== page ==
President Cyril Ramaphosa on Wednesday evening announced his new Cabinet and apart from indicating that certain departments would be merged, he also mentioned that the Department of Labour would be expanded to focus on employment. It will now be known as the department of Labour and Employment.
Ramaphosa explained that the change will demonstrate that government is serious about creating jobs. “In the case of labour, we have decided to add employment – to demonstrate our country is on a journey to create jobs,” Ramaphosa said at the time.
What’s in a name?
But what does this mean for the Department of Labour? Economists aren’t quite sure and while new Labour Minister Thulas Nxesi is yet to outline the way forward, many expect that the change in name means that government will start to play a far more active role in job creation rather than only focusing on policy.
“It remains a mystery of what government will do,” economist Lumkile Mondi told Fin24.
The biggest challenge facing SA is unemployment, he explained.
SA’s official unemployment rate is at 27.1%. Mondi expects the Labour department to play a more active role in employment creation. The department’s previous role was mostly in terms of lawmaking where it was involved in shaping the Labour Relations Act and Employment Equity policies.
Mondi, however said, his view was that government’s role should not be to create jobs necessarily, but rather to create an “enabling environment” for businesses to thrive, so that they can create jobs.
Labour analyst Mamokgethi Molopyane also said government should not be driving job creation.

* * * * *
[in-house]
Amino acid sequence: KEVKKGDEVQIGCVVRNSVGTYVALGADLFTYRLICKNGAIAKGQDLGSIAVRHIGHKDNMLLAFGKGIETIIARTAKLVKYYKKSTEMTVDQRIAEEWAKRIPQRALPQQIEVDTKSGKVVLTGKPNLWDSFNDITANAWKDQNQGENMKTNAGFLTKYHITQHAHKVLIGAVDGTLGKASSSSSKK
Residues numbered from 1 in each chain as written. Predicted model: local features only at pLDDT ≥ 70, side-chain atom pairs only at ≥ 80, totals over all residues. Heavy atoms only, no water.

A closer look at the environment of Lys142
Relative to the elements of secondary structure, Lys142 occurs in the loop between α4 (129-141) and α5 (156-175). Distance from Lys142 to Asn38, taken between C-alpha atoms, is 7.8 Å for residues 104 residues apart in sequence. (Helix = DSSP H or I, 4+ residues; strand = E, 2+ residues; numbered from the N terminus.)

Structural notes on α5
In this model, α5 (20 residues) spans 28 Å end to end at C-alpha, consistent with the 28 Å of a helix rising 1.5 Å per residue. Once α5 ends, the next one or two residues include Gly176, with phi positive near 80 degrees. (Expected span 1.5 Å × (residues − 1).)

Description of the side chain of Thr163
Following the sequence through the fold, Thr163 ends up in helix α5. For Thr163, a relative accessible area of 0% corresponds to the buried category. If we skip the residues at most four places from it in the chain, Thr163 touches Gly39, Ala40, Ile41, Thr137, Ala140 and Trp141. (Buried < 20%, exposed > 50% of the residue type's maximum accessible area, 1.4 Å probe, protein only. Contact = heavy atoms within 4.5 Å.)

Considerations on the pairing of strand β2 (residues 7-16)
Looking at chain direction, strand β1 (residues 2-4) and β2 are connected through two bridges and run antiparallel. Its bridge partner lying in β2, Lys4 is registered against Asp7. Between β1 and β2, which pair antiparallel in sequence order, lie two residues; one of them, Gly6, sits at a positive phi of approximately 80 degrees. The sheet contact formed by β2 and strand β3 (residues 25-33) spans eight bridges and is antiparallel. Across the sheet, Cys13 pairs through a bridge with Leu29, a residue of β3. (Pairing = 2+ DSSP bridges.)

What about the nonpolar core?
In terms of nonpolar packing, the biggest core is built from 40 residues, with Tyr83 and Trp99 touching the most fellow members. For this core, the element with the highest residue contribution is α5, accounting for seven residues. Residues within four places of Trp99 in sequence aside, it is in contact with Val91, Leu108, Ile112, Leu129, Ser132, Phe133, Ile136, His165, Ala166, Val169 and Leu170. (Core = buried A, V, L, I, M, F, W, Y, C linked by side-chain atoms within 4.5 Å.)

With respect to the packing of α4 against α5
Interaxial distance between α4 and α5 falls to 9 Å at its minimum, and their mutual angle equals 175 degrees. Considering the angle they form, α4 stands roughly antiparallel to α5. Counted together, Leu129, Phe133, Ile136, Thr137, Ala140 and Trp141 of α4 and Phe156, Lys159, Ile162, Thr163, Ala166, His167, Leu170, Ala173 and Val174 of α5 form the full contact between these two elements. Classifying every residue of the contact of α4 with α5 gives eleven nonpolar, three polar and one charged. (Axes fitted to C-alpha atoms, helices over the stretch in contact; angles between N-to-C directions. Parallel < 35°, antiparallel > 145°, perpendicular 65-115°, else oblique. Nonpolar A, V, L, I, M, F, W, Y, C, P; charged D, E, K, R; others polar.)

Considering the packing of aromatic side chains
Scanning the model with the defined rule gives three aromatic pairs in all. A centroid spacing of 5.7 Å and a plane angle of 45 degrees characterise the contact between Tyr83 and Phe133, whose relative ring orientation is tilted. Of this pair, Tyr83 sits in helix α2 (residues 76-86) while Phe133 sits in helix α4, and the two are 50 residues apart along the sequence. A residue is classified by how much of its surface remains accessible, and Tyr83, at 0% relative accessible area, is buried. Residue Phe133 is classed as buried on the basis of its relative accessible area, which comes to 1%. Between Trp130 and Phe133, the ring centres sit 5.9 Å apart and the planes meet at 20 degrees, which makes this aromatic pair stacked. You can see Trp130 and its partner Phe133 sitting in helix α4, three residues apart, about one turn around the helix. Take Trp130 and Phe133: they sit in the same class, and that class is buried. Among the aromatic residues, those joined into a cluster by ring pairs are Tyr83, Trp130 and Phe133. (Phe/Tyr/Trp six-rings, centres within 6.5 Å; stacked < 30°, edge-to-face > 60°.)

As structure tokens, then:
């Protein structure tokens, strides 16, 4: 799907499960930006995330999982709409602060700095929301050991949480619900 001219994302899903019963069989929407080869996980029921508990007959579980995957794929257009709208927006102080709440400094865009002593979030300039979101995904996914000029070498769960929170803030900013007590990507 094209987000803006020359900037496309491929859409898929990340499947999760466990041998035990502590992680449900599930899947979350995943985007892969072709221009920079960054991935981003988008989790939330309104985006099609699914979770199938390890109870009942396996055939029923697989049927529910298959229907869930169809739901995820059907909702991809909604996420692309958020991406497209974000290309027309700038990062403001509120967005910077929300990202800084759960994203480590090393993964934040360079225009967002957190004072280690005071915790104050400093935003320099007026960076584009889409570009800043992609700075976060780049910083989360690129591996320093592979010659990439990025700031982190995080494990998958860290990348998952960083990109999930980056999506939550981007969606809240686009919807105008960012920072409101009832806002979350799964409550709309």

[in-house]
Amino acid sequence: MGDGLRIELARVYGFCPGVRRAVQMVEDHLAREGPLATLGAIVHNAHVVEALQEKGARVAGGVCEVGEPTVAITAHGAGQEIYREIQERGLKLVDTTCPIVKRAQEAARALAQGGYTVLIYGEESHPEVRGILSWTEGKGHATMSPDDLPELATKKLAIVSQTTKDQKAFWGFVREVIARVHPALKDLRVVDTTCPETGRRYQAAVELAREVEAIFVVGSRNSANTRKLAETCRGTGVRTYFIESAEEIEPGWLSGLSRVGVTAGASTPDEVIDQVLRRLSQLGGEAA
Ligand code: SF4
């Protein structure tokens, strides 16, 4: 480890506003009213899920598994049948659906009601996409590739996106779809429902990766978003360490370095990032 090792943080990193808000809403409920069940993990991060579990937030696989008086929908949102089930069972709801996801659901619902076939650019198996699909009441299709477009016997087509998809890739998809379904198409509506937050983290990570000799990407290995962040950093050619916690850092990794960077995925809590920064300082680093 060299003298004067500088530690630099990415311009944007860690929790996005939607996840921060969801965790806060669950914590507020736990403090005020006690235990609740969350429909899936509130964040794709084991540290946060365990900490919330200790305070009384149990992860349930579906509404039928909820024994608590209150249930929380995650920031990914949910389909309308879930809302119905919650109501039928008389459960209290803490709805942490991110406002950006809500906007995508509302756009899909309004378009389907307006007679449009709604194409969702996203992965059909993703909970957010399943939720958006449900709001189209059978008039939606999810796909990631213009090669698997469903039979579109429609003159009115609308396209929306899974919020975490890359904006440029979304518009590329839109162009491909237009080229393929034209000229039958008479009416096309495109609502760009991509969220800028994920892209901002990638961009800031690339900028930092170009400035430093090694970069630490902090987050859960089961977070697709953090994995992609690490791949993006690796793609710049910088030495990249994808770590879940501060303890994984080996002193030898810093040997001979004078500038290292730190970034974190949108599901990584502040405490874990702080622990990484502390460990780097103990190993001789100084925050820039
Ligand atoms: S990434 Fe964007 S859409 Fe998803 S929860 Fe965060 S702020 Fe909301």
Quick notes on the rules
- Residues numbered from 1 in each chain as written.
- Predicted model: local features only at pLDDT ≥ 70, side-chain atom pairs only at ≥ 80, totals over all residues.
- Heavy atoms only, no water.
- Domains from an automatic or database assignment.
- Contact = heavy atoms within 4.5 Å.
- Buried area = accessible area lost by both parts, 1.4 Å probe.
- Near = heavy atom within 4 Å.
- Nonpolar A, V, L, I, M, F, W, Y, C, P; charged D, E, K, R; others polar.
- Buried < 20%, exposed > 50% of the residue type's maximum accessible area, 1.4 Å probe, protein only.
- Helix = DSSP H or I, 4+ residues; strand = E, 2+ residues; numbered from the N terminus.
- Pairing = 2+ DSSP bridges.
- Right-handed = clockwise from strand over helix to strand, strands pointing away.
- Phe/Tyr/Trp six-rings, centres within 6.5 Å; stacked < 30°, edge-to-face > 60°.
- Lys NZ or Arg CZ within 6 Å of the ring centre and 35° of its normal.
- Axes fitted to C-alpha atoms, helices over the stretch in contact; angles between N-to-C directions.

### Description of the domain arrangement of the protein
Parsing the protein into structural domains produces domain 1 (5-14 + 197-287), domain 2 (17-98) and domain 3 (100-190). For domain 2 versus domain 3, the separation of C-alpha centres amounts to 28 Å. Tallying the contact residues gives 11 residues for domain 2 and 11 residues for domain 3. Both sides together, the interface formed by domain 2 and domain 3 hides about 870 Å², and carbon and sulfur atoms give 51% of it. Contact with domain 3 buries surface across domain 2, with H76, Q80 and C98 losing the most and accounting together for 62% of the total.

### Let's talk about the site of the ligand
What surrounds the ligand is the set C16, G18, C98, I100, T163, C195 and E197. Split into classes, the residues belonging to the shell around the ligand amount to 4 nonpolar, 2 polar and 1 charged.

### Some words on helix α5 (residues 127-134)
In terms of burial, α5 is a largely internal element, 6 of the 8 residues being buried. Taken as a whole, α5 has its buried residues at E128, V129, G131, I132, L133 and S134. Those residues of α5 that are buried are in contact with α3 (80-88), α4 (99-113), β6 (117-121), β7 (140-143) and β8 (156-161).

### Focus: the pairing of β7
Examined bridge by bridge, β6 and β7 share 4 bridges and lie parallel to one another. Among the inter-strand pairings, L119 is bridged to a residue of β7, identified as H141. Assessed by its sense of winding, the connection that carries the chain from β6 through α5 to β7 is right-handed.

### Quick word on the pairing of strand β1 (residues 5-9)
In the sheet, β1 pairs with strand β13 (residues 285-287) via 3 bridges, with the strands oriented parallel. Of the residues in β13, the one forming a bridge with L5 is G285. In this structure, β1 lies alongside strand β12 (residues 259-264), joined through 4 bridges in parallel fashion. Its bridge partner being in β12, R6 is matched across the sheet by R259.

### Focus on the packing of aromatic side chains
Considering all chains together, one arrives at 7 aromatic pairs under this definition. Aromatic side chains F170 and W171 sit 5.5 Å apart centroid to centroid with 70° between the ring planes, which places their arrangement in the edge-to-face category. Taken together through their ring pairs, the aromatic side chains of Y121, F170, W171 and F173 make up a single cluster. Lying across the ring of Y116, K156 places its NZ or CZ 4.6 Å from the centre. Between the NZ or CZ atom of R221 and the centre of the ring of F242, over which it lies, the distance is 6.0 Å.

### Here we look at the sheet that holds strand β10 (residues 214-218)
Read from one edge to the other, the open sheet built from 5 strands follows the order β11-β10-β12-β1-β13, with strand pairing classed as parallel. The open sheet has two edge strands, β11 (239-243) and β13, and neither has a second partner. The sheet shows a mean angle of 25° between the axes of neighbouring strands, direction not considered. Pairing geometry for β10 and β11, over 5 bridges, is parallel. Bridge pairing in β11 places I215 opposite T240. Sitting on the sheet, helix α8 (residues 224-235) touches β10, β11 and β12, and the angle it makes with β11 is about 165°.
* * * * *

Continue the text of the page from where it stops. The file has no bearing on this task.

‘Engaging the workforce’
“What government must do is put in place polices that create an enabling environment for the private sector to create employment,” Molopyane said.
It will now be up to Nxesi to provide more clarity on how the department will change, she said. Molopyane suggested that the department might introduce a division solely focused on employment.
“Historically, the Labour department has had input in laws and policies,” Molopyane said. This change could mean that the department will now be active in engaging with the workforce. “It all depends on what the new minister will bring to the table.”
Economist Xhanti Payi suggested that the change will shift the Labour department from having a “monitoring” role to being an active participant in employment creation. The department has mainly focused on the enforcement of law, he explained.
Payi also commented that government might not be a “player” when it comes to job creation, but it is a “referee” to ensure that there is regulation and conditions that will indirectly result in job creation.
The presidency is yet to respond to Fin24’s request for comment on the department’s expanded mandate.